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Workbook/Job Traveler Tracebility

Discussion in 'ISO 9001:2015 - Quality Management Systems' started by MapleQuality, Apr 7, 2021.

  1. MapleQuality

    MapleQuality Member

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    Hi all,
    My question is about job traveler traceability.
    We are a small manufacturing shop and produce hollow shafts.
    These shafts are comprised of over 20 parts (disk, pins, hubs, etc). We serialize the finished product (which is the shaft), but we do not serialize every small component and part that goes into the finish product.

    How should we assign the job travelers to the parts (since we dont serialize all the parts that we receive from suppliers)? For instance, we may get a batch of 50 disks, 50 pins, 50 hubs, etc. When we are welding all these parts as per the job traveler instruction, we will have 50 job travelers but how do we allocate those 50 job travelers to their respective parts during the manufacturing? Is it acceptable to just pick any of those parts in the batch and match it with any one of the 50 job travelers (at different stages of manufacturing)?
    At this point, serializing all the parts is not an option unfortunately.
     
  2. Eric Twiname

    Eric Twiname Well-Known Member

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    How long does it take to weld all 50? If that is a one-day job, I would just use one traveler for the 50pc batch...then sub-serial based on that batch.
    (I have assumed that you are not mixing lots of components, and that 50 finished parts are made from 50 disks from the same lot, 50 pins from the same lot, etc.)

    The direct answer to the question you asked is "However makes sense for your organization and gives you value".
     
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  3. S1D3K1CK

    S1D3K1CK Active Member

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    Can you have your suppliers serialize the parts in batches that they send to you?
     
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  4. MapleQuality

    MapleQuality Member

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    Thanks Eric.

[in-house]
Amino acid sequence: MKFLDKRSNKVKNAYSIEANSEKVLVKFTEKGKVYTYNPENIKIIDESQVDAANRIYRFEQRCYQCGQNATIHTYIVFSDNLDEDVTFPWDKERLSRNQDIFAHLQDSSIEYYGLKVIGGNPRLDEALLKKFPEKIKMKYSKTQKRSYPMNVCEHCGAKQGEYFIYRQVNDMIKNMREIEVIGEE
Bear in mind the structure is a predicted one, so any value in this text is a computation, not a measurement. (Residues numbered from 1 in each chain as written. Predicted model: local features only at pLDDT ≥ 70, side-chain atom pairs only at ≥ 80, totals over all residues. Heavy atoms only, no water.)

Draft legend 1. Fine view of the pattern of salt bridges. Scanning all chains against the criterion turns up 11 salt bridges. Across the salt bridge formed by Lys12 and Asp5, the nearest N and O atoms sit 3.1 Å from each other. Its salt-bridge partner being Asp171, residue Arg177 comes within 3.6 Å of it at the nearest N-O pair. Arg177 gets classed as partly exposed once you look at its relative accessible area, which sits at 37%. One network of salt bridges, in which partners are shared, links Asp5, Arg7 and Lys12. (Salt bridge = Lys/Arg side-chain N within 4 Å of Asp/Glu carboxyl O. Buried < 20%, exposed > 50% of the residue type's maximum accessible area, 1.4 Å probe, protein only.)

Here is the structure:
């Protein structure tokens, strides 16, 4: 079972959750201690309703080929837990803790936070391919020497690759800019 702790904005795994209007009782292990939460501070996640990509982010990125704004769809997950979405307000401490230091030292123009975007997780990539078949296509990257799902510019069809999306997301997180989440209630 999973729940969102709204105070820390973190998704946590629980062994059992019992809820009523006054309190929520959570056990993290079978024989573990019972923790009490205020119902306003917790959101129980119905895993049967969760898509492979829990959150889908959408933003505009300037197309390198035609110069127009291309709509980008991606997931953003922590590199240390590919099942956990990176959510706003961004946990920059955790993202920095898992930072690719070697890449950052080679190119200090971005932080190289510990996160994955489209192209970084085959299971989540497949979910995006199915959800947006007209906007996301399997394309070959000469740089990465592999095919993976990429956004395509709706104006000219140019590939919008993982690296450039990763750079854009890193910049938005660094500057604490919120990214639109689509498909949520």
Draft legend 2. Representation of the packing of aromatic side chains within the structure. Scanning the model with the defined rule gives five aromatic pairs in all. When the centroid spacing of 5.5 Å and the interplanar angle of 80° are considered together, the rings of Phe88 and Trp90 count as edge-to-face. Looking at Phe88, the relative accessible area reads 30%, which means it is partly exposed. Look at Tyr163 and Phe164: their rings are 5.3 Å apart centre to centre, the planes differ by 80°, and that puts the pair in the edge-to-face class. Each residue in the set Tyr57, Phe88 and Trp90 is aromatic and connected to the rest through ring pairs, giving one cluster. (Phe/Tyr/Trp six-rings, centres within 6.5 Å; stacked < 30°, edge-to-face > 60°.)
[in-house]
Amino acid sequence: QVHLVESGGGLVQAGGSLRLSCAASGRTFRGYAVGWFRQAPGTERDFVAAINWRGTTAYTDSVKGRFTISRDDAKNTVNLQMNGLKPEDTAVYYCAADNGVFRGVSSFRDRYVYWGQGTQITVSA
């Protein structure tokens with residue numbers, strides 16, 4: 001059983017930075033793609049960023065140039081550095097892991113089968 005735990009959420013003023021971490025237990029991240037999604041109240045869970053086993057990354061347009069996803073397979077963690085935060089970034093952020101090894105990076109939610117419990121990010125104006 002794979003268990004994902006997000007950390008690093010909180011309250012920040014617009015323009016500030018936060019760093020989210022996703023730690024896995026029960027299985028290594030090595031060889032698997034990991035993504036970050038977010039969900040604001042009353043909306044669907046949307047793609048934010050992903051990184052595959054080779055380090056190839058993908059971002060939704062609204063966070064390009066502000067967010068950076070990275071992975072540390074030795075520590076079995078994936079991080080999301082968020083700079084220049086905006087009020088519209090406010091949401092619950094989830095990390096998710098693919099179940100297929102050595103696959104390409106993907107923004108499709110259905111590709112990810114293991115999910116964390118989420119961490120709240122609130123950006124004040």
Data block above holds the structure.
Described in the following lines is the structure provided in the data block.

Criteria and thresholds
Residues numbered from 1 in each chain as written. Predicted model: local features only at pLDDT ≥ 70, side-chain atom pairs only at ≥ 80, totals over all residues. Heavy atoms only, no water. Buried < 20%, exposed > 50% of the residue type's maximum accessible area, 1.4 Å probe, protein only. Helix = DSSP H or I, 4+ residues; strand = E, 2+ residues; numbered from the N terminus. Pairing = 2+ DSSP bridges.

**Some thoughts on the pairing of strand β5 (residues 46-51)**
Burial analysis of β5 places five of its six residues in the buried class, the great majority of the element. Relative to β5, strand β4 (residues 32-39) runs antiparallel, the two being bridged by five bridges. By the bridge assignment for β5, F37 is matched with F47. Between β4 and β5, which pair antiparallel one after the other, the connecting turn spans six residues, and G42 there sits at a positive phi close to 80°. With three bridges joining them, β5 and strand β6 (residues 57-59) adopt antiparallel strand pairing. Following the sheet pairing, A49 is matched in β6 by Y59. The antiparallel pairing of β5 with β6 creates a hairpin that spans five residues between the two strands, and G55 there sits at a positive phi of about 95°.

No, it will take a couple weeks to weld the 50 parts. To make things even more complicated, during the manufacturing, we have to send these parts to suppliers for machining several times (i.e. we weld, send for machining, weld additional parts to them, send them for machining, weld additional parts, send for machining, etc). So there are a few back and forth processes during manufacturing. As such, I am not sure how I can keep track of job travelers, and allocate parts to the correct job traveler.
     
    Last edited: Apr 7, 2021
  5. MapleQuality

    MapleQuality Member

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    No unfortunately the will not be able to do that.
     
  6. S1D3K1CK

    S1D3K1CK Active Member

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    Color code. Use certain color tags for each "batch" and have the traveler the same color of that batch to visually pinpoint what parts were done to what traveler, vice versa. if you can't attach tags or keep them on the parts, can you use spray paint that will match the traveler color?
     
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  7. Eric Twiname

    Eric Twiname Well-Known Member

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    With that process, I would group into a number that makes sense (5?, 10?) and push them through all of the ins and outs together...and require the machine shop to keep them together. Each group is one traveler.

    Weld 5, serial/traveler the set, send out the 5pc set, receive the 5pc set, reattach the same traveler, weld 5, send out 5.........

    But that's all efficiency stuff...your question of "what is required?"...it is required that you decide what works best for you (risk, efficiency, trace, etc.) and arrange your process accordingly.
     
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  8. Andy Nichols

    Andy Nichols Moderator Staff Member

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    Can I ask a simple question? Why are you wanting to make a traveler traceable?
     
    Last edited: Apr 8, 2021
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  9. John C. Abnet

    John C. Abnet Well-Known Member

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    Good day @MapleQuality ;
    I'm going to continue along the lines of the sound question asked by @Andy Nichols .

    In addition to considering Andy's question,....what does your organization (including your customer)....NEED?
    ISO9001 is not prescriptive in regards to the type and extent of traceability. Keep in mind that the primary intent/purpose of traceability is to limit exposure. i.e. if there is a problem/change point internally, at your customer, in the market, does your organization need to consider 20 million parts or simply 20 parts? If there is a "recall" or replacement of any type, how big is your organization's (and your customer's) exposure? Can your organization quickly and efficiently "lay hands" on a limited number of product? If the group of 50 components you refer to are all governed by a reasonable size lot/lot control, then maybe that is all your organization and customer need. "We" cannot answer this question for you. This has to do with the amount of risk your organization and customer deem expectable.

    How long has your organization been functioning in the current manner? i.e. what is the impetus for considering change to how traceability is currently managed?

    Food for thought.

    Be well.
     

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